In 2005, Mount Hood won the title of the fourth-most threatening volcano in the United States, according to a report from the United States Geological Survey.

So what is being done to monitor the mountain that looms over the city of Portland, in case it pulls a St. Helens?

"The volcano is hardly monitored," writes Shannon Hall in an article from The New York Times. "If scientists miss early warning signs of an eruption, they might not know the volcano is about to blow until it's too late."

Geologists at the Cascades Volcano Observatory want monitoring systems installed on Mount Hood to be able to track earthquakes, gas emissions and ground deformation, all early signs of volcanic eruption. But the Times says they've run into environmentalists wielding the 1964 Wilderness Act. 

The Wilderness Act protects federally owned areas, like the Mt. Hood National Forest, from the effects of "increasing population" and "growing mechanization" to preserve their "wilderness character." 

Opponents to the proposed monitoring sites argue that the installation and upkeep of this equipment will harm the natural environment. 

"The structures will remain in the wilderness for decades likely requiring repeated motorized intrusions to install and maintain them over their lifetime, causing significant enduring impacts on wilderness character," Wilderness Watch, a national wilderness protection organization and lead objector to the proposed Mount Hood monitoring systems, wrote in a statement.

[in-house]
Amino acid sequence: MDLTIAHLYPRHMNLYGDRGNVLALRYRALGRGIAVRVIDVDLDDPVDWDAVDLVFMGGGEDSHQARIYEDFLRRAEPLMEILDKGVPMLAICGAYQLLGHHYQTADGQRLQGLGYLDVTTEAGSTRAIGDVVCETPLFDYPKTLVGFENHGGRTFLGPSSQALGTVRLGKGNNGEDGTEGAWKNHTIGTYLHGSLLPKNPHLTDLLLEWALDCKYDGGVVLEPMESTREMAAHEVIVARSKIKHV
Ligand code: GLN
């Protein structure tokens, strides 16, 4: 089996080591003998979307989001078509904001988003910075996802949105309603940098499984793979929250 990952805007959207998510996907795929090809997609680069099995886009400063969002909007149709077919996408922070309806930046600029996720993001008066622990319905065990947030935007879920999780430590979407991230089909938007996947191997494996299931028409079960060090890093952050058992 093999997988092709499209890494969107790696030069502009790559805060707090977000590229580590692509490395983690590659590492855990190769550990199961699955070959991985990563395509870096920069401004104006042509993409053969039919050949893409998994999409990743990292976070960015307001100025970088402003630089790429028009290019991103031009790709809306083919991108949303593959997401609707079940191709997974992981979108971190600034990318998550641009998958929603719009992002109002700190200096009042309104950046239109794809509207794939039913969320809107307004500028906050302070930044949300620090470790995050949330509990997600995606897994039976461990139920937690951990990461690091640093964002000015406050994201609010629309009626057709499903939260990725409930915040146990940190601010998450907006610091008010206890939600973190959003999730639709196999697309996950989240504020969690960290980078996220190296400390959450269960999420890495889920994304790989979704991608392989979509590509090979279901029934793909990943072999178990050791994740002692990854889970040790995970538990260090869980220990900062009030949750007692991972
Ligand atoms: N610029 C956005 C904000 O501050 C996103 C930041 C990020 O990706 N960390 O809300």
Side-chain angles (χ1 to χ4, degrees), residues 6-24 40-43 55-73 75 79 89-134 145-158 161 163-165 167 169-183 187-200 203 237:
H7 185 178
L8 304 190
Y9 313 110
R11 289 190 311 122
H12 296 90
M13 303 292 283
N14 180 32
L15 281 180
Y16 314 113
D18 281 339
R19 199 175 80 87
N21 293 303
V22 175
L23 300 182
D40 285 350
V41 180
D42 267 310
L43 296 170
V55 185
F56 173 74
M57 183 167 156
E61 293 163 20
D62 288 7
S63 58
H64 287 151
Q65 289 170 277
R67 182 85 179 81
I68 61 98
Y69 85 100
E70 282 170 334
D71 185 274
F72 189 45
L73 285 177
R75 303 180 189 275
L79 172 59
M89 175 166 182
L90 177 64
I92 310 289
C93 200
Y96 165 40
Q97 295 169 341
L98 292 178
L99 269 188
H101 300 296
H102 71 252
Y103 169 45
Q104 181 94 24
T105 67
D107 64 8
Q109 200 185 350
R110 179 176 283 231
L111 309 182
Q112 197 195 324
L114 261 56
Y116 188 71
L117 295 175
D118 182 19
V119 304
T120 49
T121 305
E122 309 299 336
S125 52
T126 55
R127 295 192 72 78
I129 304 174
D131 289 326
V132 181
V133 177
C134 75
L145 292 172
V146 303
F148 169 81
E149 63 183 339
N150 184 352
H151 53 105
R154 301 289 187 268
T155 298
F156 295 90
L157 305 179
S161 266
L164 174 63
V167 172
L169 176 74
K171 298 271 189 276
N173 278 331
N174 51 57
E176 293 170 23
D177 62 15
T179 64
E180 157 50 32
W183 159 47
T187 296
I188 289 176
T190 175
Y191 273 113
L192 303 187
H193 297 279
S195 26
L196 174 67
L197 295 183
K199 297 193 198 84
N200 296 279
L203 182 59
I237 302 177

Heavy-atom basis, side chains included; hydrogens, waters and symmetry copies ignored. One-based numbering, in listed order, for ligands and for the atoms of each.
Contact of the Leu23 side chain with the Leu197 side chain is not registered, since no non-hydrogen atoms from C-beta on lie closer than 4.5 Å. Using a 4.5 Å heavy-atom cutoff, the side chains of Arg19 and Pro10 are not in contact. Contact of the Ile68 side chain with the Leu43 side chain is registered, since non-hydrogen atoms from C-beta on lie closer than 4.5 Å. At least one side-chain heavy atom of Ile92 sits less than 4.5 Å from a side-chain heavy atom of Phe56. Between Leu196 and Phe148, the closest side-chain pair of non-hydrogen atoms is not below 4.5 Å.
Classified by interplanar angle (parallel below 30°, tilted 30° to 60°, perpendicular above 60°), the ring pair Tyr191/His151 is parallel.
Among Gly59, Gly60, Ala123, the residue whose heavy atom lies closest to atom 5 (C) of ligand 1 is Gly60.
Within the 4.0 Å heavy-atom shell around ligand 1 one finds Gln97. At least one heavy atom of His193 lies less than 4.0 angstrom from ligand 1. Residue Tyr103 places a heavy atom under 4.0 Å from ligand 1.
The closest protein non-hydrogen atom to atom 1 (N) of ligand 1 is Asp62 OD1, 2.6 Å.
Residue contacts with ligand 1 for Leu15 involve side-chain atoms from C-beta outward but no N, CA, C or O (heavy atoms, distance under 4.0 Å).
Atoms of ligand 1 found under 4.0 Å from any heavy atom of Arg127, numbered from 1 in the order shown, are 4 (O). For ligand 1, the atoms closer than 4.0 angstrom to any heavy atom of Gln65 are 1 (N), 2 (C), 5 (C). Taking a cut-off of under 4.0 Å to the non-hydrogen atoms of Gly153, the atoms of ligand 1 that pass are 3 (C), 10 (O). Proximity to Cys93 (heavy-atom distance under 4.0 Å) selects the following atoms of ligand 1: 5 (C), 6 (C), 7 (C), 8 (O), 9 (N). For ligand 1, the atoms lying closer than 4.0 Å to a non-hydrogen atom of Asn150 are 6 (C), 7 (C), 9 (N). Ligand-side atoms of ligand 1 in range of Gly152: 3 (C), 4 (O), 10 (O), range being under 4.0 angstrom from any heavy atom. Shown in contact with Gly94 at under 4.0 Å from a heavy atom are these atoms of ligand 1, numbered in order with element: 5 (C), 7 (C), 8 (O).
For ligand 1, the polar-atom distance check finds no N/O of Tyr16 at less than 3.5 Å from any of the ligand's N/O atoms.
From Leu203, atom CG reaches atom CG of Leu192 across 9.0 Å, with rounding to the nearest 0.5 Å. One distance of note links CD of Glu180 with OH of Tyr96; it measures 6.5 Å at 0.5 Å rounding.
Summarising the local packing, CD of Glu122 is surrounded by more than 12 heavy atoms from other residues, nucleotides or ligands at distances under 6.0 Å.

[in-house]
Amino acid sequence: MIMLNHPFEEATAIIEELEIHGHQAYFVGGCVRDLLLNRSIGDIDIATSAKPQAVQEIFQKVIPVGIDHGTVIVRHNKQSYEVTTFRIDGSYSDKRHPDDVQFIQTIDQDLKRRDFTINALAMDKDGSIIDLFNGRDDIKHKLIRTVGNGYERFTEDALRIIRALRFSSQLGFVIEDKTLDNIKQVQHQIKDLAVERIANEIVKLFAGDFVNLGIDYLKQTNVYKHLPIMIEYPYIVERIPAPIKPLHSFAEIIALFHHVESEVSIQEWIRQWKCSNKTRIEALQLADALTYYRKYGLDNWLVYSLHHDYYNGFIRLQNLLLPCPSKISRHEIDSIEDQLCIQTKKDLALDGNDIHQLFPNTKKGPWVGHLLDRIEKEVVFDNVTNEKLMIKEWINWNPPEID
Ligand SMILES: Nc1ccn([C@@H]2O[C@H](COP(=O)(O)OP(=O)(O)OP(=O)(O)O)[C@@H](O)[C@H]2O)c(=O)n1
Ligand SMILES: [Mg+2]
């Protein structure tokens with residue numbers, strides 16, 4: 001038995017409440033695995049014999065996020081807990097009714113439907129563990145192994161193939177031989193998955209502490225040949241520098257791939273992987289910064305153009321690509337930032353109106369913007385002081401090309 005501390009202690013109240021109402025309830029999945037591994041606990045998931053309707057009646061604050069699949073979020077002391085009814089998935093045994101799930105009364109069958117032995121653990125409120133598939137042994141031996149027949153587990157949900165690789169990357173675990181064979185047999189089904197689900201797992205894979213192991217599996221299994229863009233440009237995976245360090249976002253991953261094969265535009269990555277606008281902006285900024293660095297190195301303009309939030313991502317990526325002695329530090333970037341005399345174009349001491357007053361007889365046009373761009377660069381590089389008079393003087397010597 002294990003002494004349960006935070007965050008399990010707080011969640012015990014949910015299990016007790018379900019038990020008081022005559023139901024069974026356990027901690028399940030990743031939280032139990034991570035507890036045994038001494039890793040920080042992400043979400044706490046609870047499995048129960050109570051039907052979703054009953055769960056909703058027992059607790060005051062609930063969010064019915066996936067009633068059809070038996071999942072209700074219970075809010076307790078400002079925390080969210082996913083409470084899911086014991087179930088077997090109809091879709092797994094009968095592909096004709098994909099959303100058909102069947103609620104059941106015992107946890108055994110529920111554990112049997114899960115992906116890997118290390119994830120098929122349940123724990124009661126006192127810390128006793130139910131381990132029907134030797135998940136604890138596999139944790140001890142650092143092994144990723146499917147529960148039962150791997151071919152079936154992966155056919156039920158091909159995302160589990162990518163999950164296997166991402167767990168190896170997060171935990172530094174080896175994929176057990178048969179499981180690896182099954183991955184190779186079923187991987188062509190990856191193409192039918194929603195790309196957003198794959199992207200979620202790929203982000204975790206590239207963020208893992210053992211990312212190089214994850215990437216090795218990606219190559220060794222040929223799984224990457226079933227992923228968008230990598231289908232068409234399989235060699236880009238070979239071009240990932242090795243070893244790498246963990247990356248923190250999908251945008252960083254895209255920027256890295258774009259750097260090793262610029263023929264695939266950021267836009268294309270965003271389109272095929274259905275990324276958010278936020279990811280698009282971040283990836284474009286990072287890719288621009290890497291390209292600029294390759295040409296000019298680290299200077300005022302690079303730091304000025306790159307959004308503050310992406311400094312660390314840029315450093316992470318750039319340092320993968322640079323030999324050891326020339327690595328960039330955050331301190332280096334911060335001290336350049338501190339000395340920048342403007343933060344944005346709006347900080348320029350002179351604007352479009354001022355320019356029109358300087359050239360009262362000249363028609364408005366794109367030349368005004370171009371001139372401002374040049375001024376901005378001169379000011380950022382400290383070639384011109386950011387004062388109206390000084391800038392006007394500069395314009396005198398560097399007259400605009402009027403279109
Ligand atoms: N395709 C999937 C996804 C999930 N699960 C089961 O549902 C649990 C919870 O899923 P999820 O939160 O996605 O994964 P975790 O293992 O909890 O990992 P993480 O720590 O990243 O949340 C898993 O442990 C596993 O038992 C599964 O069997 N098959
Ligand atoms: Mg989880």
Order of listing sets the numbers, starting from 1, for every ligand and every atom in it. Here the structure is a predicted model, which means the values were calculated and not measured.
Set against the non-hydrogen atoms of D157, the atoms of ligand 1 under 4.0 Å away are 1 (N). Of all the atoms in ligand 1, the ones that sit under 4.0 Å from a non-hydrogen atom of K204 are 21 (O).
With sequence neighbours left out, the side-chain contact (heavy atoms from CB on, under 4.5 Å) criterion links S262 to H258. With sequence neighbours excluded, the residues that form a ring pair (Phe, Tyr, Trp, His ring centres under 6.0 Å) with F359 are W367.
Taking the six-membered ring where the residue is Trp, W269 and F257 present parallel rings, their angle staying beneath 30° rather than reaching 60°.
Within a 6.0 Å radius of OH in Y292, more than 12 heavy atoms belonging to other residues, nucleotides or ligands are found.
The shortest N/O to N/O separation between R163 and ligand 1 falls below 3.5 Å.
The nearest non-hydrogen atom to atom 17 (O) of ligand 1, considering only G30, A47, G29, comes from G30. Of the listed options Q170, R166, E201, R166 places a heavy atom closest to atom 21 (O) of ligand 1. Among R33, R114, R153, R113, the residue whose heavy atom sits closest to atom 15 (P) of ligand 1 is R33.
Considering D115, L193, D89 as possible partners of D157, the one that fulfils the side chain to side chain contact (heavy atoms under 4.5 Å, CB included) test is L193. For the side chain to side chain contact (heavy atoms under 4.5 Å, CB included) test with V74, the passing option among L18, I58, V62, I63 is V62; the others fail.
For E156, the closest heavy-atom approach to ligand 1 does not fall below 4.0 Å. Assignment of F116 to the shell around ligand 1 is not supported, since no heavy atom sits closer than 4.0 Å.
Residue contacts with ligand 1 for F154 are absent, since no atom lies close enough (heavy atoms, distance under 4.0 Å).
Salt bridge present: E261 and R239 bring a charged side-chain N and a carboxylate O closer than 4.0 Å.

The U.S. Forest Service retorts that these sites will provide information critical for early warning systems. 

"Given the well-documented hazards posed by volcanoes, continuous robust monitoring is critical for public safety and hazard mitigation. Early detection of unrest at Mt. Hood is particularly critical, given the popularity of Mt. Hood's backcountry areas," the USDA Forest Service wrote in a statement. 

Mount Hood is located just 50 miles from Portland and if an eruption were to occur, "Portland could be affected by light ashfalls similar to those experienced during the 1980 eruptions of Mount St. Helens," according to the U.S. Geological Survey. However, more devastating effects could be felt closer to nearby recreational areas such as debris avalanches, lava flows and pyroclastic flows, avalanches of hot rock and ash.